In Our Fall 2016 Issue
EAT YOUR VEGGIES: THE LASTING MEMORIES OF CREAM-STYLE CORN
My father was a meat and potatoes kind of guy. He never really needed a menu when we went out to dinner. Just a nice medium-rare T-bone with a baked potato suited him fine. Vegetables made for a nice plate decoration, especially if they were green.
My dad passed away more than 35 years ago and some may contend that his eating habits played a role in it. But my father was a man who knew what he liked and he like creamed corn. In our house it was referred to as cream-style corn.
It’s been a big year for corn in our neck of the woods. The weather has been perfect with adequate rain and warm temperatures. I had some sweet corn off the cob the other night and it was some of the best I’ve ever had. But there’s something about cream-style corn that I really like now and maybe because it’s one of the few odd-ball foods that I remember my dad liking so I like it, too.
There’s nothing fancy about cream-style corn with its kernels shaved off the cob then placed in a frying pan to be sautéed in its own juices with milk or cream and some salt and pepper.
But then you could follow the directions my mother usually used: “Aisle 4 on the right,” might have been something my mom heard if she was in an unfamiliar grocery store.
Again, especially when canned, it wasn’t probably one of the healthiest of sides but I’m writing this because I want to emphasize the importance of what you feed your children and how it can leave an imprint on their memories.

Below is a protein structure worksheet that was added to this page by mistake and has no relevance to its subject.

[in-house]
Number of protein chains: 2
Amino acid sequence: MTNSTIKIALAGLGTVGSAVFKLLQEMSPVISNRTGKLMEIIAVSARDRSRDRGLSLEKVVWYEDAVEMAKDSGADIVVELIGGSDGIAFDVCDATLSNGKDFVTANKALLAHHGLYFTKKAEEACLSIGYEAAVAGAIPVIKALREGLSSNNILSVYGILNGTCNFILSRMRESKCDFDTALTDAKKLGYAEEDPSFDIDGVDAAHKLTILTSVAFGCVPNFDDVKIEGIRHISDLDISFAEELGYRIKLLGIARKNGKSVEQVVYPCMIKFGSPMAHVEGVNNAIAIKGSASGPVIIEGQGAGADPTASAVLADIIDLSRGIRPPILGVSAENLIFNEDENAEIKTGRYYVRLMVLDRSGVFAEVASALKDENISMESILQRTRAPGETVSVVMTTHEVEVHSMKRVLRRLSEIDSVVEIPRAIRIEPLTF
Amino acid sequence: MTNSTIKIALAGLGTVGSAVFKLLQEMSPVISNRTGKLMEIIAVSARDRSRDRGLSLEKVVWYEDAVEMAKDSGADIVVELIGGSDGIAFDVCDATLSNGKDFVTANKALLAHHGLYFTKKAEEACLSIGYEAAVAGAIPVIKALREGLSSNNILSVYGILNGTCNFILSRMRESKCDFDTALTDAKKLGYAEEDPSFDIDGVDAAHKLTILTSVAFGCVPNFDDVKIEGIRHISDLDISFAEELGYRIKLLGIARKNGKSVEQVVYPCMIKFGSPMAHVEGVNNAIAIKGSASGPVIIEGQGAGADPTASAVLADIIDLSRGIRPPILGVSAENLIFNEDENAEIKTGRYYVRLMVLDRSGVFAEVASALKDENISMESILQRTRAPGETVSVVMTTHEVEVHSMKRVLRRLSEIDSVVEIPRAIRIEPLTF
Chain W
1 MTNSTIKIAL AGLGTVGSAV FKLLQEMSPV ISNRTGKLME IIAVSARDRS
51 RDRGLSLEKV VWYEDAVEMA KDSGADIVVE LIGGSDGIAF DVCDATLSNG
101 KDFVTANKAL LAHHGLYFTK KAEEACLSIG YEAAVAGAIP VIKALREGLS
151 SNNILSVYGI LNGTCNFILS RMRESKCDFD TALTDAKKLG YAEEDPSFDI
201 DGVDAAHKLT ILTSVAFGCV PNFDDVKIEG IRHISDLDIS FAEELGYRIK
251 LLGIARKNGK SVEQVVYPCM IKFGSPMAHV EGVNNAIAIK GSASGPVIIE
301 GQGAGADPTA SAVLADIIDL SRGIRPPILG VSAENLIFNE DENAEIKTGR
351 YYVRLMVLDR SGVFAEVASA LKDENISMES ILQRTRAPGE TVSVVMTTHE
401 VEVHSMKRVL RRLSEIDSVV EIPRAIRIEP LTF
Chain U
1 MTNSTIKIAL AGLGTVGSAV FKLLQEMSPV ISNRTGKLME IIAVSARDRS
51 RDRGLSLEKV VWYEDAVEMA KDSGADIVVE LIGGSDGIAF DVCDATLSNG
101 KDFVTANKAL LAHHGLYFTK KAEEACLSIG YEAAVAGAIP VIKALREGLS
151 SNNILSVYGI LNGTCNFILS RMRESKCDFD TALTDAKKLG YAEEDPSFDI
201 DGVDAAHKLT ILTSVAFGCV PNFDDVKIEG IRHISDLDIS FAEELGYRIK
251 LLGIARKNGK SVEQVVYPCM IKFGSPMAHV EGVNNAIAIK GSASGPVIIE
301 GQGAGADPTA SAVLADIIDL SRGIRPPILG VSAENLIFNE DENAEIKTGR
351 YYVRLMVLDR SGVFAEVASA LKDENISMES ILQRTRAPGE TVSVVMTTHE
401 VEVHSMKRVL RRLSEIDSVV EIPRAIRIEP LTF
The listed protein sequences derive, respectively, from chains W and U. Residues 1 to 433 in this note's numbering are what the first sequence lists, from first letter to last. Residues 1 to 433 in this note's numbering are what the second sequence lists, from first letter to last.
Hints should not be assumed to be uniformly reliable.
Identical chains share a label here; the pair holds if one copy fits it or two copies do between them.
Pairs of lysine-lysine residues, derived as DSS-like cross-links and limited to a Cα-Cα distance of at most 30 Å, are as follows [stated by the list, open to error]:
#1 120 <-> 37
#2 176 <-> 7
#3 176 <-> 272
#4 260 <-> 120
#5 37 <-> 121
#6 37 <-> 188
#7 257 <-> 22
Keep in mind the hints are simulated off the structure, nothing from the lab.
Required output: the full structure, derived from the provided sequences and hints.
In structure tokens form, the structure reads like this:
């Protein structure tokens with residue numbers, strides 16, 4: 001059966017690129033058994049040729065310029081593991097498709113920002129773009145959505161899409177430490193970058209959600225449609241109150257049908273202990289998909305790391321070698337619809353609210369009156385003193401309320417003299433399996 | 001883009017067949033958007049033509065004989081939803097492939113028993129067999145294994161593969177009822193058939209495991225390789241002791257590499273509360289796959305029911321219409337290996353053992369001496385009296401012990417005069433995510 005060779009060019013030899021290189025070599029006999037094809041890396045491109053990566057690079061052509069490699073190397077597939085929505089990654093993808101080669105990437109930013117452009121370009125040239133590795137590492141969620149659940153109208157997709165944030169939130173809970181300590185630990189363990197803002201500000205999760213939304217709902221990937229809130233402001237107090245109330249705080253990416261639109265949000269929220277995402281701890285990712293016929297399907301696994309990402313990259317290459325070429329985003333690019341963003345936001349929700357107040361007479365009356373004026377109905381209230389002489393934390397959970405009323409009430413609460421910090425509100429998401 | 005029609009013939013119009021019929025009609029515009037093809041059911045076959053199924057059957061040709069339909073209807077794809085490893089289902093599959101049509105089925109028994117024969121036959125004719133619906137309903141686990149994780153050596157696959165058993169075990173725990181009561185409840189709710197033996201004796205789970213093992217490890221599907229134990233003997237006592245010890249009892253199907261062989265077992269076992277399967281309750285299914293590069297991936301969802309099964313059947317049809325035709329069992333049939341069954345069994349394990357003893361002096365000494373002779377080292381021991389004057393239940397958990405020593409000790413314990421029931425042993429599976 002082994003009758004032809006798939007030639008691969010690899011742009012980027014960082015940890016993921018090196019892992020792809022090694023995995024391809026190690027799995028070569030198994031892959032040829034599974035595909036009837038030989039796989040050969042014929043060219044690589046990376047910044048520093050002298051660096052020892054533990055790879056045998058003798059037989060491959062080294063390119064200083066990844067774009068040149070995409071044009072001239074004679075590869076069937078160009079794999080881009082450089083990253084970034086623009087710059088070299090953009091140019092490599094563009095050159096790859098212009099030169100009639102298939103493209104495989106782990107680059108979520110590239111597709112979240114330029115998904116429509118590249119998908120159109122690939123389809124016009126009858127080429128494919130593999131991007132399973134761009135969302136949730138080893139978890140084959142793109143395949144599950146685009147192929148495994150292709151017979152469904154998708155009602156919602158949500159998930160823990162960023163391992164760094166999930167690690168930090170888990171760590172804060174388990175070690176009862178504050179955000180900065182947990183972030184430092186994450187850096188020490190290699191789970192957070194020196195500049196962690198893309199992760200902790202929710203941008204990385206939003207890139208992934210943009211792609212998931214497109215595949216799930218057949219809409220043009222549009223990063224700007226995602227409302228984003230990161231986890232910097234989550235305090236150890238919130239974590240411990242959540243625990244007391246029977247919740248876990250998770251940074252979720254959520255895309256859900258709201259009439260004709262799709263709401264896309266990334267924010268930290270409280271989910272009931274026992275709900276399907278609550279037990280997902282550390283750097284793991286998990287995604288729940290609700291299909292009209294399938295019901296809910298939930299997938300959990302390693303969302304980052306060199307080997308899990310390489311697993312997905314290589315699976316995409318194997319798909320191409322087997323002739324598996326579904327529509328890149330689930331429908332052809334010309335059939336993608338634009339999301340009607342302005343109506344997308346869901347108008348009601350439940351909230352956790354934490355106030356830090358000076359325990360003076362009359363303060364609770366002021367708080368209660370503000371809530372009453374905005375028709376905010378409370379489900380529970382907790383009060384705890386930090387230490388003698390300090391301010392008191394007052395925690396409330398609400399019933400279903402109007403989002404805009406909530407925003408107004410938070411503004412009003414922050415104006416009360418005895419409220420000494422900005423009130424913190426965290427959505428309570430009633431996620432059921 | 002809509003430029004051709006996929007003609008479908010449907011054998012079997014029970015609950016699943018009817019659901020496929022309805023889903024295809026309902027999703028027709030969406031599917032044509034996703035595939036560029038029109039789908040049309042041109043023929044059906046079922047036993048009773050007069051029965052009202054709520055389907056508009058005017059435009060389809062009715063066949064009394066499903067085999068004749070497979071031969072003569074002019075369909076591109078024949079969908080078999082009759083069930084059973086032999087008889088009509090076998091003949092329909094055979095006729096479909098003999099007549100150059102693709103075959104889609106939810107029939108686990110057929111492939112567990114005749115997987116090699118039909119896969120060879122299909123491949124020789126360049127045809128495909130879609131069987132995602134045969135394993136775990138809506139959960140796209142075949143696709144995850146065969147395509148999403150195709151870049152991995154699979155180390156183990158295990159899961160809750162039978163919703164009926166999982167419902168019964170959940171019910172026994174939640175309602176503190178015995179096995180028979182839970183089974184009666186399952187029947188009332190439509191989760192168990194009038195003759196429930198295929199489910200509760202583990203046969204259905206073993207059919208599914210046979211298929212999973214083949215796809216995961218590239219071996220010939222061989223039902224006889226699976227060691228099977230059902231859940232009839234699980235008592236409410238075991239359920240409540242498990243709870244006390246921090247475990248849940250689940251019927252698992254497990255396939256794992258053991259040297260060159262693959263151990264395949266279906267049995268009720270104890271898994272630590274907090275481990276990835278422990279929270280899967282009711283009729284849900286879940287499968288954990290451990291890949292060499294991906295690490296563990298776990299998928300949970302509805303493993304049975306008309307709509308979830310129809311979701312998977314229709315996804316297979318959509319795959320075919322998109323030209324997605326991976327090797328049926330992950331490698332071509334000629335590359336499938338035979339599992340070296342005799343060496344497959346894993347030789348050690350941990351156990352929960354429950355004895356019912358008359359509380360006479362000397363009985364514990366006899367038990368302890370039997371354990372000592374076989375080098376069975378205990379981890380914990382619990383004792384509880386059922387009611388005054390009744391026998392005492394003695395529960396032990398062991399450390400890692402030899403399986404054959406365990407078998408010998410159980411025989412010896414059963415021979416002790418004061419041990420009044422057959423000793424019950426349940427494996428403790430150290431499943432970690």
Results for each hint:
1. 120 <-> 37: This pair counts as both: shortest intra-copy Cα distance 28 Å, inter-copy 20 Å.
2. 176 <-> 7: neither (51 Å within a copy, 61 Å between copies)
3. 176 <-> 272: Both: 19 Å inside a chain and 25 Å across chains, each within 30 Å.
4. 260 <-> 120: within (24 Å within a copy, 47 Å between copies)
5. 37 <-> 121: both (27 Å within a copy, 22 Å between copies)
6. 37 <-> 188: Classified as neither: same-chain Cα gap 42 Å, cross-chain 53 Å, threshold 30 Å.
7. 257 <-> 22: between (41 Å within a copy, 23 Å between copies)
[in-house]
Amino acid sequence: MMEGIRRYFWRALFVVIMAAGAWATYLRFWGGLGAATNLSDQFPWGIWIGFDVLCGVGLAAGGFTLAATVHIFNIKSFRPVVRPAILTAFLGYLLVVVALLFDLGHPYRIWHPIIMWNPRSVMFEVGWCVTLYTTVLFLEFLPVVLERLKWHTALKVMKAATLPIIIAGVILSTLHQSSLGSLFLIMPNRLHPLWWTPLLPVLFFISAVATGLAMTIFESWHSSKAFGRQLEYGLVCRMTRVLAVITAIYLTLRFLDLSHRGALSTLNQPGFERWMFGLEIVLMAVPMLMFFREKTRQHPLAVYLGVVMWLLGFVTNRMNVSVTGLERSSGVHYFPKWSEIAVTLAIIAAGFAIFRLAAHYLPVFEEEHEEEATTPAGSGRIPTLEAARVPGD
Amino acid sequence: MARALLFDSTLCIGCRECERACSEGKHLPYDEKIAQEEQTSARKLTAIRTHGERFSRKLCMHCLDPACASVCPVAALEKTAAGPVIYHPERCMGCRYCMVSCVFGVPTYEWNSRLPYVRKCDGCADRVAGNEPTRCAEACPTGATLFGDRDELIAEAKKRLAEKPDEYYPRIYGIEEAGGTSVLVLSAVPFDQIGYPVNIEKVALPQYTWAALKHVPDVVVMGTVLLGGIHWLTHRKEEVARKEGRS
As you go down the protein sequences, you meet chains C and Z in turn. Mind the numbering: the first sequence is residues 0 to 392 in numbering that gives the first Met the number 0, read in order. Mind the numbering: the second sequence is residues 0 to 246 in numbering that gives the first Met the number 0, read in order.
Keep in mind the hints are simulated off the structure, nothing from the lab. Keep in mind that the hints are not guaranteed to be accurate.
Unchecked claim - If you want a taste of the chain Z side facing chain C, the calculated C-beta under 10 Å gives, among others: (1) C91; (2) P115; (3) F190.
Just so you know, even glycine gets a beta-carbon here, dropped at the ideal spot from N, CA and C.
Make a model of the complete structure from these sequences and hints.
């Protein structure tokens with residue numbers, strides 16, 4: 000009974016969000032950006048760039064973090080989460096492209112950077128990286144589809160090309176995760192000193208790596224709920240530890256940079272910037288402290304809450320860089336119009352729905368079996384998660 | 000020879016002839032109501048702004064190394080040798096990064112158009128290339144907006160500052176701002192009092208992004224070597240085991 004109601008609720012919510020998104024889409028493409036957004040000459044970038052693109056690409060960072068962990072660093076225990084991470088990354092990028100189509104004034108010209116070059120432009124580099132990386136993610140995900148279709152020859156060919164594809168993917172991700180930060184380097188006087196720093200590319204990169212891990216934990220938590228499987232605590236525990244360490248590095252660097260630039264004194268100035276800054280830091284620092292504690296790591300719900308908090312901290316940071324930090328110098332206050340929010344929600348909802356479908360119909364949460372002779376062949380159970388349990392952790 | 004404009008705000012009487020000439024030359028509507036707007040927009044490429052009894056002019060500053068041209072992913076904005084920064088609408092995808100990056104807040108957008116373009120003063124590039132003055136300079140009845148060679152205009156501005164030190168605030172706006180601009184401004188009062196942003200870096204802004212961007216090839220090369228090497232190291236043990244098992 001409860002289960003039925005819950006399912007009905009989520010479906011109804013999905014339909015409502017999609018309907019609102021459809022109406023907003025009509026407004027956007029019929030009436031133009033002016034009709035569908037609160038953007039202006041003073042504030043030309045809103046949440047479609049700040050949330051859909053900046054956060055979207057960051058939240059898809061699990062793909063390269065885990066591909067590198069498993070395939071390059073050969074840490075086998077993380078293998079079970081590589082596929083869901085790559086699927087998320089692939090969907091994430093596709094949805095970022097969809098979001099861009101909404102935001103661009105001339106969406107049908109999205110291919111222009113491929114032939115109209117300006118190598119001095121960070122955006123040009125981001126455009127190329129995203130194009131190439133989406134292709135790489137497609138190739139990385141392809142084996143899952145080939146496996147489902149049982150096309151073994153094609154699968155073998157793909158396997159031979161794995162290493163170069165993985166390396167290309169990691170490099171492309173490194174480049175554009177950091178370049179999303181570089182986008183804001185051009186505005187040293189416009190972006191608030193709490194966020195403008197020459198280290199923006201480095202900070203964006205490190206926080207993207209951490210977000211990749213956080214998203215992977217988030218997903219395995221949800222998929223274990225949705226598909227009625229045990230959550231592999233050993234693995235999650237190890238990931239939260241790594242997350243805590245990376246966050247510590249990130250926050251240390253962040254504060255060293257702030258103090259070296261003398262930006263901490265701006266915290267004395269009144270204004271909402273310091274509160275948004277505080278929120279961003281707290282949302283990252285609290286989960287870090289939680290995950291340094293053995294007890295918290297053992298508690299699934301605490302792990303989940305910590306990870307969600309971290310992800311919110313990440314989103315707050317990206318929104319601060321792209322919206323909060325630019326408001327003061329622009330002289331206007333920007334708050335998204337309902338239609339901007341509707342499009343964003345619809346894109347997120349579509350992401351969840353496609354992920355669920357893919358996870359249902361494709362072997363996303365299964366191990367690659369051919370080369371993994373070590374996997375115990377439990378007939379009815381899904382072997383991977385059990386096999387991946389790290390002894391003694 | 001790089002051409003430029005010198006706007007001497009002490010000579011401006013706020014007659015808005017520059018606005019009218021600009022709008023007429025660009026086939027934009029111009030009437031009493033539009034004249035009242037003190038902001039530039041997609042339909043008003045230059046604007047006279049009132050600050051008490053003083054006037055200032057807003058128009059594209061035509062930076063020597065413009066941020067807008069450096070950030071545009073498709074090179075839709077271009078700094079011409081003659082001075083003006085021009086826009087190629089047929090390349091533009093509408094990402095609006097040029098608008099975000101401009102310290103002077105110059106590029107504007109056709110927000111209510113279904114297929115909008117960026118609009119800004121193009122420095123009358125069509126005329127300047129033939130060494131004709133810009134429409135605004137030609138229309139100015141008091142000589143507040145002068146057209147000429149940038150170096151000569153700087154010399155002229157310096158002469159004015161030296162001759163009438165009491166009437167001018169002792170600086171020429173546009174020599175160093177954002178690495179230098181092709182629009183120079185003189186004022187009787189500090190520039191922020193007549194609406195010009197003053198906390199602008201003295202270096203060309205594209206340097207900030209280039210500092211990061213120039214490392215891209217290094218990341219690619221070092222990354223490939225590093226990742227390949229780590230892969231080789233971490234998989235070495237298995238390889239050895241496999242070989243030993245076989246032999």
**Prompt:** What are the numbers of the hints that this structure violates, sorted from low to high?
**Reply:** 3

And, as was the case with my father, I don’t remember being a huge fan of this runny side dish that seemed to mix with everything else on the plate. I just remember my dad gobbling it up and, frankly, I have a craving now and then to grab a can opener and follow in my dad’s footsteps.
But we should know better now and it’s hard to imagine that children would find a walk down the canned goods aisle more exciting than helping mom or dad choose from the selection of fresh-picked produce at the farmers market. Or, even better, help harvest that produce from the family garden. But as fall sets in it reminds us that winter can’t be far behind and all that great produce we pick up at the market can only last so long.
My dad wanted his cream-style corn all year round. Since he liked it out of a can, he probably didn’t care too much about the canning and the preserving process many people will undertake this fall. But he might be interested to fi nd out that his favorite canned corn might not have been bumping up against his baked potato had it not been for Bryan Donkin.
It was in 1813 that Queen Charlotte of England, wife of King George III, dipped into Donkin’s newly invented tin can and gave the beef a thumbs up. It’s not hard to believe that Charlotte had someone else try it fi rst but her approval changed the way we’ve eaten food ever since. It was especially popular with the British navy, whose men had been surviving on a limited menu of salted meat and hardtack for a couple hundred years.
Donkin’s invention played off the work of Frenchman Nicolas Appert who developed the basic method of canning many gardeners and farm market regulars still use today. Hopefully we will instill in our children the satisfaction of preserving their own food for winter.
Meanwhile, pardon me if I don’t on occasion reach to the back of the pantry for a can of cream-style corn. Thanks to Appert and Donkin it should still be good.
-on Gast, Co-Owner/Editor of Edible Door